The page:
TomFop More than 1 year ago
Let me make this clear; I am not a Republican. In fact, I truly loathe the current Republican leadership inside, and outside the White house. Now on to the book...

Despite my having an undergraduate degree in economics and a minor in US History, at no time did any of my professors plunge into the negative aspects of the New Deal as well as did the author of this great book. We are constantly bombarded with recollections of FDR as being a superhero who rescued our nation from the great depression and anyone who dares to research the subject and question the actual economic consequences of the New Deal is casted from academia and labeled as being a "right wing lunatic." But the Great Depression lasted more than a decade. So how could the New Deal have been responsible for our eventual recovery? More and more researchers are concluding that FDR's socialist price controlling schemes, huge increases in taxation, and overall forced manipulation of the marketplace as causing a recession, or short depression, to TURN INTO the famous Great Depression.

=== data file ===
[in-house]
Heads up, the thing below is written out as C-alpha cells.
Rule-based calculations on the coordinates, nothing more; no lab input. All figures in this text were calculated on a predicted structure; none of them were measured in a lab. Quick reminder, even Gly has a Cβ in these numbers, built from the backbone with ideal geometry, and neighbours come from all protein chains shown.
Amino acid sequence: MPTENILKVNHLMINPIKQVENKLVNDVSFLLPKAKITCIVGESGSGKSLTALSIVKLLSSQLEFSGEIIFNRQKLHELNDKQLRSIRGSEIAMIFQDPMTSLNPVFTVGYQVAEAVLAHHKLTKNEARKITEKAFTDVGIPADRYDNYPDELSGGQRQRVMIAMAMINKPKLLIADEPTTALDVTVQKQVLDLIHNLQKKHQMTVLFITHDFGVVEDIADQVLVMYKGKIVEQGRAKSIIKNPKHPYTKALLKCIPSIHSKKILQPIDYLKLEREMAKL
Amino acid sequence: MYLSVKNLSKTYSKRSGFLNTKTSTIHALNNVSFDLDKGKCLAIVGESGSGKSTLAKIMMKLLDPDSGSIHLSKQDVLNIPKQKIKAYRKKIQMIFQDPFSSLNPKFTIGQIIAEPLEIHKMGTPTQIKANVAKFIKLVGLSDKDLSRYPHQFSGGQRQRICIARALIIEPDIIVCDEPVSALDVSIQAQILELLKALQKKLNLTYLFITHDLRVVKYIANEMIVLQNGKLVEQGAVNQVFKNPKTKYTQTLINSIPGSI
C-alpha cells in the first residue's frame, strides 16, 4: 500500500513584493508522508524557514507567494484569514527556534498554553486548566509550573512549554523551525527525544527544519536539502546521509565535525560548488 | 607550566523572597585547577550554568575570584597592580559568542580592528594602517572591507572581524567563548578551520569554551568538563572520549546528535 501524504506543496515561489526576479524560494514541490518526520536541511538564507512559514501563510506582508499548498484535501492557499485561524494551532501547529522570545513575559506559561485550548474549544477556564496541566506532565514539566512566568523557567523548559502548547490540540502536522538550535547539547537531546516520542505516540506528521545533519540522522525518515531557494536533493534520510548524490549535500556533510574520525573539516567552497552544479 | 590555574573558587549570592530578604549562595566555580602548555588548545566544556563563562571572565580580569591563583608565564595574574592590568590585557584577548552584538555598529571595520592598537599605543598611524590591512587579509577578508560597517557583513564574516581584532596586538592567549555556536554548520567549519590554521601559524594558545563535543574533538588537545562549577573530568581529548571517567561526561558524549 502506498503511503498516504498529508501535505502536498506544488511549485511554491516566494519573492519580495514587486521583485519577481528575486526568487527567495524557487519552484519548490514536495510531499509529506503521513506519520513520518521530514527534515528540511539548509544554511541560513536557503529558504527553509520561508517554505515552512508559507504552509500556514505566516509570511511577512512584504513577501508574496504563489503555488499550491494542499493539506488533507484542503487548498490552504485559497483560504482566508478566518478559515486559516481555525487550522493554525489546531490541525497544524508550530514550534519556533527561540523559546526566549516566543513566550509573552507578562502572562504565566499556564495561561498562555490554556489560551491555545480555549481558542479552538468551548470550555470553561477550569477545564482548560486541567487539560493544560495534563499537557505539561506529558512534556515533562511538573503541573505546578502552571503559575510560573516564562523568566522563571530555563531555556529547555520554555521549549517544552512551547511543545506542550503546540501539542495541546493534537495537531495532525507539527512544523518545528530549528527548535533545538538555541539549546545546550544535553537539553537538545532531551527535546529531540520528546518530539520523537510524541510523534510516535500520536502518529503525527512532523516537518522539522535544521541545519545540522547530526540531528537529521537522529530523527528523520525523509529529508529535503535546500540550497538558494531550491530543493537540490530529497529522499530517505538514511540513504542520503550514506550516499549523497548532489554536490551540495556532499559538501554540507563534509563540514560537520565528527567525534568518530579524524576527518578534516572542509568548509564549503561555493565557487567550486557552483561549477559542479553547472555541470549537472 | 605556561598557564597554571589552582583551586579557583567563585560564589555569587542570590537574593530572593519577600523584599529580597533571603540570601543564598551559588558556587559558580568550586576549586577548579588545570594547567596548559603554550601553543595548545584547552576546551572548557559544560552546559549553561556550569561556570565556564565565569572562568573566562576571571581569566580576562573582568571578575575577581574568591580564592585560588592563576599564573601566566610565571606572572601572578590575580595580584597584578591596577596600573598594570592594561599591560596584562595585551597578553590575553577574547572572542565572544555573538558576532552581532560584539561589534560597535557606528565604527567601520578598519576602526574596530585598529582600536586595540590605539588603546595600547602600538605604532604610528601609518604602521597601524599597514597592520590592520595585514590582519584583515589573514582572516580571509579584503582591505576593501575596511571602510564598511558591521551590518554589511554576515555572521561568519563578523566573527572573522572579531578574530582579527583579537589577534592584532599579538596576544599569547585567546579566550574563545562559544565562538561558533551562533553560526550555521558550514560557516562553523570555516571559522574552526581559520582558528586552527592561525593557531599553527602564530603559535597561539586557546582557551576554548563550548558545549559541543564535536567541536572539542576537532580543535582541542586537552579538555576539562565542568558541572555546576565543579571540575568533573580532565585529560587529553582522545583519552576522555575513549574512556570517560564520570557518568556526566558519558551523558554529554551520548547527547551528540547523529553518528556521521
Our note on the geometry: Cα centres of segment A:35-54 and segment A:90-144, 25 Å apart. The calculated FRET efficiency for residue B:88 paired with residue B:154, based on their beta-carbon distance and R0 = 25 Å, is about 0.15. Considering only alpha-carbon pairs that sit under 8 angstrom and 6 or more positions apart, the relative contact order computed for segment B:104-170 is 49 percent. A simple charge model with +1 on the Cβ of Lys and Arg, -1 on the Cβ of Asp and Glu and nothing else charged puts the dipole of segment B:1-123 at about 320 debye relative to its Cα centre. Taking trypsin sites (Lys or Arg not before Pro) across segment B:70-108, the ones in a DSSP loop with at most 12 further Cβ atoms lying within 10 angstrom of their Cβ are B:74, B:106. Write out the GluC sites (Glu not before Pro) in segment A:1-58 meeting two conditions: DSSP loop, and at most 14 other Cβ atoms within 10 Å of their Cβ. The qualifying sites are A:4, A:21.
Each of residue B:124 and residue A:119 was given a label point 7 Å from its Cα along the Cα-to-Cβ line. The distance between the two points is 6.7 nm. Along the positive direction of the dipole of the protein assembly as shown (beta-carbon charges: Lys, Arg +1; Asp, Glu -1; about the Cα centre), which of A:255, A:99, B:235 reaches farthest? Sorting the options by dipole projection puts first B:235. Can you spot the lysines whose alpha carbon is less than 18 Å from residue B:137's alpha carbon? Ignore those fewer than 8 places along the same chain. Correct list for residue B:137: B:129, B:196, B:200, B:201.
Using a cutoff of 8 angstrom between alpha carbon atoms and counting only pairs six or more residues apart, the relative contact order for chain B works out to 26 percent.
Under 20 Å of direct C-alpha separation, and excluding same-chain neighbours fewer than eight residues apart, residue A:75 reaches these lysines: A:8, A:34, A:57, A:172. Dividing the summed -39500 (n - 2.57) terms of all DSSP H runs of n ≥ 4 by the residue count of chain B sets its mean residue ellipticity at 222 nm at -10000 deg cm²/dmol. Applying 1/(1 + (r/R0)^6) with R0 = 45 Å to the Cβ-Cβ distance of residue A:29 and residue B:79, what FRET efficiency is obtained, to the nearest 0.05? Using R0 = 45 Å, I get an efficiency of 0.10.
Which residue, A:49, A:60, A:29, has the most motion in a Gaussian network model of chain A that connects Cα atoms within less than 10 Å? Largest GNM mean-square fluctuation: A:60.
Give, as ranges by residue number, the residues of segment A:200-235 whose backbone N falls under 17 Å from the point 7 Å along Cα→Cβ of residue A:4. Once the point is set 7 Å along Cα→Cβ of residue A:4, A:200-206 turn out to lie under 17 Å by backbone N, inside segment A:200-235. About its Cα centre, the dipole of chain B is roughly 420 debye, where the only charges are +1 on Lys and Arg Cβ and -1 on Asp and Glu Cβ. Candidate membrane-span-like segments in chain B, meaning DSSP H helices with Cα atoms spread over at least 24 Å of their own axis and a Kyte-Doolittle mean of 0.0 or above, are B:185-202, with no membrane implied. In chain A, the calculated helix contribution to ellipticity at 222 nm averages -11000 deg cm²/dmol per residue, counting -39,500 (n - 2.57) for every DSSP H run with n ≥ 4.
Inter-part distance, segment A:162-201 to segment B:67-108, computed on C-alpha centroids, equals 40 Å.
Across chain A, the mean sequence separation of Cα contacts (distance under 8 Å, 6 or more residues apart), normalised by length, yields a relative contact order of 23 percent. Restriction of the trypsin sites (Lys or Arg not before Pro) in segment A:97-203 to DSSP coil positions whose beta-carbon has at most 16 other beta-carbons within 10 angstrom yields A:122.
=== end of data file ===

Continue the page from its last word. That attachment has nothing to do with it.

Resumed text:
This book is an excellent read and a must for any person seeking to avoid the mistakes made by those of the past. Or at least gain a rounded view of one of our most popular presidents.
Indiapapa More than 1 year ago
This book is concise, enlightening, well documented, well researched, and quite readable. It reveals the mistakes that Roosevelt and his minions made enroute to prolonging the Great Depression. There is not the lengthy character development that Amity Shlaes has in her book. However, Mr Powell cites the numerous errors made by the New Dealers in prolonging the Great Depression. FDR sycophants will want to avoid this fact based essay. Those with open, inquisitive minds will enjoy the read.